Richard W. Halperin – Snow

Halperin LE P&W Jan 2023

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Live Encounters Poetry & Writing January 2023

Snow, poems by Richard W. Halperin


It feels like it is about to snow.
Snow may be what death is like.
How can I know? It would be nice
if it were so. This afternoon, I have
been reading the poems and letters
of Alexander Pope. Good poems –
his; others’ – come from where
everything comes from in
the first place. Then, the letters.
To his friends, especially. To
Jonathan Swift, after the deaths
of Stella and of Pope’s mother,
most especially. He asked Swift
to live with him. He asked if they
could spend their last years together.

My mother should be in this poem,
and now she is. She read to me,
before I could read, Kipling’s
Just So Stories. An Africa and
an Asia which never existed,
which never could exist. Shortly
thereafter, the stories blew away.
But ‘And now, my best beloved’
never blew away. How could it?

The snow begins to fall. It falls
in thick flakes upon the earth.

The Iron Bridge

Hammersmith. Some poems of mine are finished.
Some poems of mine will never be finished.
We were seated, my young friend and I, on a bench
by a gigantic dull-green late nineteenth century
iron bridge, which spans the Thames at a broad
quiet stretch. He had brought me there, I thought,
because I live in Paris, and nothing like this is
in Paris. Or anywhere, really. Massive fluted pillars
with gilded friezes thereon. Support towers with
pointed turrets of an almost aching delicacy.
Various heraldic shields. As with much which
is Victorian on the grand scale, beautiful and ugly
go straight out the window. The river coursed by,
clean or dirty, it didn’t seem important which.

After a few minutes, he began telling me of
a traumatic event in his childhood which only
recently he had begun speaking of to his wife
and to very few others. He took his time.
Every detail, including aftermaths. I was sorry
I heard it. It hit where any child, or adult, is
most vulnerable. A sort of sad Epithalamion, love
was in it somewhere, attempted by a potato head.
When he had finished, we resumed our walk.
He was more integrated than I was, I suppose.
I have lots of loose ends. I thought of all this today,
years later. Why he could best talk on that bench:
the iron bridge. Clouds and birds above it. Traffic
continuing to go forward on it, as traffic does.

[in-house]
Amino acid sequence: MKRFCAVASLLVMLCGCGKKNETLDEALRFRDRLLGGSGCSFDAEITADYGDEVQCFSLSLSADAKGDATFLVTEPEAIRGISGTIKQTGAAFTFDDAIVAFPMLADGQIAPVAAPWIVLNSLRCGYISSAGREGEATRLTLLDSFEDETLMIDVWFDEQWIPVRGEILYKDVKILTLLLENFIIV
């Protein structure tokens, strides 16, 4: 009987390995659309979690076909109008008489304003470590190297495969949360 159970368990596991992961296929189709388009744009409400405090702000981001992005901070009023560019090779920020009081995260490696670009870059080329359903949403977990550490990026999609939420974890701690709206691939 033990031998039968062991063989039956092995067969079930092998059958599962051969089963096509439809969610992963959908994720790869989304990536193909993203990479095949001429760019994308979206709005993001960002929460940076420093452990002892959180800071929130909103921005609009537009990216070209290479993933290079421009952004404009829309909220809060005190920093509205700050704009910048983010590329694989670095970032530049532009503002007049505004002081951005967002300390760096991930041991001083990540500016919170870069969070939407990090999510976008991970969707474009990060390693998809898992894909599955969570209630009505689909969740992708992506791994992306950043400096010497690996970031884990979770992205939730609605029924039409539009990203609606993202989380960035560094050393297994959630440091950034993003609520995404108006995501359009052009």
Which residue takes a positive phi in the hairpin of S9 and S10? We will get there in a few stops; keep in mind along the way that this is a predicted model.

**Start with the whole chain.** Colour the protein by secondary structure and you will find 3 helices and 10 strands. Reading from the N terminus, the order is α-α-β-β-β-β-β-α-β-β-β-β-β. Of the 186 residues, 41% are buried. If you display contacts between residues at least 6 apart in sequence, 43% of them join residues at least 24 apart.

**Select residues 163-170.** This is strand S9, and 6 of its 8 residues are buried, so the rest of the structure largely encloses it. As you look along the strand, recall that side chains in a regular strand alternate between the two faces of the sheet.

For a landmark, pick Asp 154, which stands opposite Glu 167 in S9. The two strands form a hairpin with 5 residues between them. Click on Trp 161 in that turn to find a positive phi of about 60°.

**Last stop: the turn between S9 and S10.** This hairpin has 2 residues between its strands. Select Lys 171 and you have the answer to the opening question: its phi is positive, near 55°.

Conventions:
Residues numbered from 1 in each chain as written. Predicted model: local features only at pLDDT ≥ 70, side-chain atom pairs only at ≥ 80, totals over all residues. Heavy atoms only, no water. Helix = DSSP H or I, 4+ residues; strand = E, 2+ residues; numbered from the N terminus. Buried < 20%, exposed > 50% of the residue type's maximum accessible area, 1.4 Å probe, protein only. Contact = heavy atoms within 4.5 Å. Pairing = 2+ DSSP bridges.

Of Arnold Constable’s and Other Things

For Betty A. Reardon

Mrs Roosevelt had her dresses made
at Arnold Constable department store,
and now there is no more Mrs Roosevelt
or Arnold Constable’s or the New York
I lived in – vanished as in the verisimilitude
of a dream. And this is the reality which art
deals with, although art is seldom on
newspaper front pages which afterwards
people line their birdcages with.

I salute the artists’ dressing room –
there they all are, preparing to give us
their music or their paintings or their
books or their performances.
You know their names, the ones whom
you are grateful for along the way.
You know as well the shared jokes
of your generation, your parents
knew theirs, your children have theirs.

I once taught Milton at Roosevelt House.
It had been given over to Hunter College
that was. Criss-crosses. As with the floral prints
which Mrs Roosevelt used to wear.

Magic Mountain 2

I was sitting on the terrace
of a sanatorium in the cold
high air, reading The Magic Mountain,
other patients playing cards.
Reading and cards and cold high air –
mirrors flashing in a mirror.
Mann was no fool, I thought,
cranks and lovers, lovers
and cranks, everything else
a magic trick – look over there! –
to distract.

I thought of a lovely serious girl –
Jean Simmons in ‘Sanitorium,’
an episode of the Maugham film Trio
she well-tailored in plaid silk,
in artificial light, other patients
playing cards, she elsewhere,
walking undistracted into
the uncanny with her lover
for the ten minutes which
comprise forever. Maugham
was no fool, I thought,
bad lungs make one think.

I was sitting on the terrace
of a sanatorium, reading The Magic
Mountain, when the greasy cards
which is all the mind is, slipped,
and I saw you, in high-collared black silk,
walking at a distance, the deep red sun
setting behind the mountains,
as far below a wasp
(one could hear it in that air)
carried the day away and ate it.


It is good to begin my life again,
and with every breath it rebegins.
If one loves much, one is forgiven much –
is there a difference between hope
and imagination? – is there a difference
between love and imagination? –
none of these can be bought
at the butcher’s. Where did Schubert
come from? What he left us,
every second, a new beginning.
Imagination, that word, is not mentioned
in the Bible. Nor in Moby Dick.
Like oxygen, it is taken for granted
that we live by it. Imagination
was not mentioned on my marriage licence.
During my marriage, my life rebegan
every second. I did not know it
then. I know it now.

© Richard W. Halperin

Richard W. Halperin holds Irish-U.S. nationality and lives in Paris. Since 2010, he has published four collections via Salmon Poetry, Cliffs of Moher. The most recent is Catch Me While You Have the Light, 2018. In complement, he has published sixteen shorter collections via Lapwing, Belfast. The most recent is A Ballet for Martha. In 2023, Salmon will bring out a Selected & New Poems, which will include poems from both publishers.

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